Books and Movies Reviews

Streetcar named Desire

How relevant is the poker night (Scene three) to our understanding of Blanche, Stella and Stanley?
Scene three is a very relevant part of A Streetcar Named Desire and shows the differences in personalities of each character. This scene illustrates the dominance of Stanley, the forgiveness of Stella and the sense of need within Blanche's character.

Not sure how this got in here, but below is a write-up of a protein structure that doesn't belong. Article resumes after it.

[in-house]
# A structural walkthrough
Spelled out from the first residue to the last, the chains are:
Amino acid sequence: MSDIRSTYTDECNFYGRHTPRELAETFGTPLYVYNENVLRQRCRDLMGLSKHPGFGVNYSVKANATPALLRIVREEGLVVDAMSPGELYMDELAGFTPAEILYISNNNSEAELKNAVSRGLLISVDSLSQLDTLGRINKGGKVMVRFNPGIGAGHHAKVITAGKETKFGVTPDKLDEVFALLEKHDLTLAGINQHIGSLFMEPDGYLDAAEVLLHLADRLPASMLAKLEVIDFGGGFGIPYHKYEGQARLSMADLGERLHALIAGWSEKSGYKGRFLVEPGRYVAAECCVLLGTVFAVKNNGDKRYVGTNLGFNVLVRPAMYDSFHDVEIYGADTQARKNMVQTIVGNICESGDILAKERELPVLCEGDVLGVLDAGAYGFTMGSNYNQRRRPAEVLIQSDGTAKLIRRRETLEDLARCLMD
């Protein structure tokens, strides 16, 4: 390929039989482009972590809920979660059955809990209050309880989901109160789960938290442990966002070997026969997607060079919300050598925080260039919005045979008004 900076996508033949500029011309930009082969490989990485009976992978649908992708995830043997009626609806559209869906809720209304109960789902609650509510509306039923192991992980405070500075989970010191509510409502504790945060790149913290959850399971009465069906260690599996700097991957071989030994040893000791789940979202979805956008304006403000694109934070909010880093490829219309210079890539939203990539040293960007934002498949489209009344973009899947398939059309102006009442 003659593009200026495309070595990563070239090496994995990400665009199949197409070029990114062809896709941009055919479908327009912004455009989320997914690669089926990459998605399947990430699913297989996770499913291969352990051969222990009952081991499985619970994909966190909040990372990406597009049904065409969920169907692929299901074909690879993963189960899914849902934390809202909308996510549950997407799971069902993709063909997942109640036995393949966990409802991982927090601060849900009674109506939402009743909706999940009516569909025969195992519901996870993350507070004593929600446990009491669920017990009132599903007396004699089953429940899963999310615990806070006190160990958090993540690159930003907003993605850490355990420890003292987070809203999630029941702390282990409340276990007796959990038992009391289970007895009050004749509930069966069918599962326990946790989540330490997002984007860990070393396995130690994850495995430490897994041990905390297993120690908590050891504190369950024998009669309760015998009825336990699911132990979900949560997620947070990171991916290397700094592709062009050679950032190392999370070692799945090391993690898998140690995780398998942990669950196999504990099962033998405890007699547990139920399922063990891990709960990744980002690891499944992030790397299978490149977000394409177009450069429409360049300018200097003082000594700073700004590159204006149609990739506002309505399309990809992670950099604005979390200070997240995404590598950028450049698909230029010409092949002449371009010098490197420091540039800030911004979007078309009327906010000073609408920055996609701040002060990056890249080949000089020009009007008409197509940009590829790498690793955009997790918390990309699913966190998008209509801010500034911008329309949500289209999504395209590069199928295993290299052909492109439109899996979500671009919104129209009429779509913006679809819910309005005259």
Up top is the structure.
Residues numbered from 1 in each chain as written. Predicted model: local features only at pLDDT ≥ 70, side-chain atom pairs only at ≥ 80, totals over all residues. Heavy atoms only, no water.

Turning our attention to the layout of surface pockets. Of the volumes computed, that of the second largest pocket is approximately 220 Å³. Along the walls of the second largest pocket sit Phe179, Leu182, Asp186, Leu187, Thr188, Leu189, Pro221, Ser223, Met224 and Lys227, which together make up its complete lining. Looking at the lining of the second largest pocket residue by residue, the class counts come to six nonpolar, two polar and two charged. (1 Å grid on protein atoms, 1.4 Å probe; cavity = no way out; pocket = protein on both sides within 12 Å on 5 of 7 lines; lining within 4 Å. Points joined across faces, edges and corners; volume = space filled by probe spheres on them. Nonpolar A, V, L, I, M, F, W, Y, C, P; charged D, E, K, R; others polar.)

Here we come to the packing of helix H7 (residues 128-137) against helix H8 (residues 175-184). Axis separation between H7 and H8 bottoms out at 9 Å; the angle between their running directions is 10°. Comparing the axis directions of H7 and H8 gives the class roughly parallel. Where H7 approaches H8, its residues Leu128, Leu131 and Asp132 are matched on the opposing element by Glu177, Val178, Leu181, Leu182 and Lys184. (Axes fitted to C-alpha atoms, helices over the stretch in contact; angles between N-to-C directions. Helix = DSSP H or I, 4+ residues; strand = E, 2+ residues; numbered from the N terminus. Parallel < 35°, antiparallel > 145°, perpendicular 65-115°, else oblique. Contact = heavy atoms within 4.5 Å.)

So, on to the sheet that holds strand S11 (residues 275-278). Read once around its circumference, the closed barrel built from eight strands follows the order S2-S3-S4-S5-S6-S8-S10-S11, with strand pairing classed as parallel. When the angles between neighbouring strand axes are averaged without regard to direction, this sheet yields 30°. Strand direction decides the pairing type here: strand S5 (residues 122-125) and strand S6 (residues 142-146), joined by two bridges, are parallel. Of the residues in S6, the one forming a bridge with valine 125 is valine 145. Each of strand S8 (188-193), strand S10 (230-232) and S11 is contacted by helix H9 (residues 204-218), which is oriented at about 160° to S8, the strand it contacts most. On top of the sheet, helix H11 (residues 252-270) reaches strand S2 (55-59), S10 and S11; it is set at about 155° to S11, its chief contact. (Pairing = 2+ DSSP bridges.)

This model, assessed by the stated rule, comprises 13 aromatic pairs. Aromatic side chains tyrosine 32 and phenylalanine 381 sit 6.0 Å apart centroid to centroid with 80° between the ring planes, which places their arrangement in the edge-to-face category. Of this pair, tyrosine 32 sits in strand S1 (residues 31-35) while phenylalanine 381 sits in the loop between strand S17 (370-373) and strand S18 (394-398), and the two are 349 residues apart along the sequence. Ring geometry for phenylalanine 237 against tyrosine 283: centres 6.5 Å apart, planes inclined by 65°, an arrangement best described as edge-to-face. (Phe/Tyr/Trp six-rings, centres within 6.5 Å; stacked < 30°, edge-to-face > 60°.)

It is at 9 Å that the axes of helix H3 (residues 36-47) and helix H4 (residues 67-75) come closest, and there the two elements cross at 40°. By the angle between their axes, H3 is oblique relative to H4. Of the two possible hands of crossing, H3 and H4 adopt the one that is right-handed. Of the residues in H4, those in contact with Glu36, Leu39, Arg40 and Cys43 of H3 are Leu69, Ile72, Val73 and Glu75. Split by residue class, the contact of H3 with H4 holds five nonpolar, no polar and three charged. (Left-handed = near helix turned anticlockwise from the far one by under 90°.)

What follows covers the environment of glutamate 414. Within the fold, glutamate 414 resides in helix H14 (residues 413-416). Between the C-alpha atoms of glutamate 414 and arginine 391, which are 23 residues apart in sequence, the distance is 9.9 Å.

The scene opens with a stage direction, and this instantly gives the reader a feel for what the scene might be based around. Williams uses the words, "they are men at the peak of their physical manhood" already suggesting that we will see some illustration of male dominance. We then enter the scene on the poker night, in the middle of a game, to create the image that the reader is intruding and watching in on their lives. Within the four men playing the game, Stanley seems to be very much the'leader of the gang' and makes fun of the others. For example, after Mitch comments on needing to get back to his ill mother, Stanley says "we'll fix you a sugar-tit" to him, suggesting that he is acting like a baby. We also see here that Stanley is very blunt and to the point, for example when Blanche enters and is greeted by the men she tells them not to stand, as this is what she is used to. However, Stanley is almost rude to her and tells her, "Nobody's going to get up, so don't be worried". He also will not let her join in, although this is partly understandable because it is a'man's night in' for him and his friends. When Stella suggests that they stop soon, Stanley slaps her thigh hard. Stella does not like this and it is obviously not something he does very often, but Stanley did it to assert dominance in front of his mates. It was as if to say, "She's only joking, she wouldn't dare to tell me what to do really. I control her". Mitch then leaves the poker game to talk to Blanche. Here we see an e…


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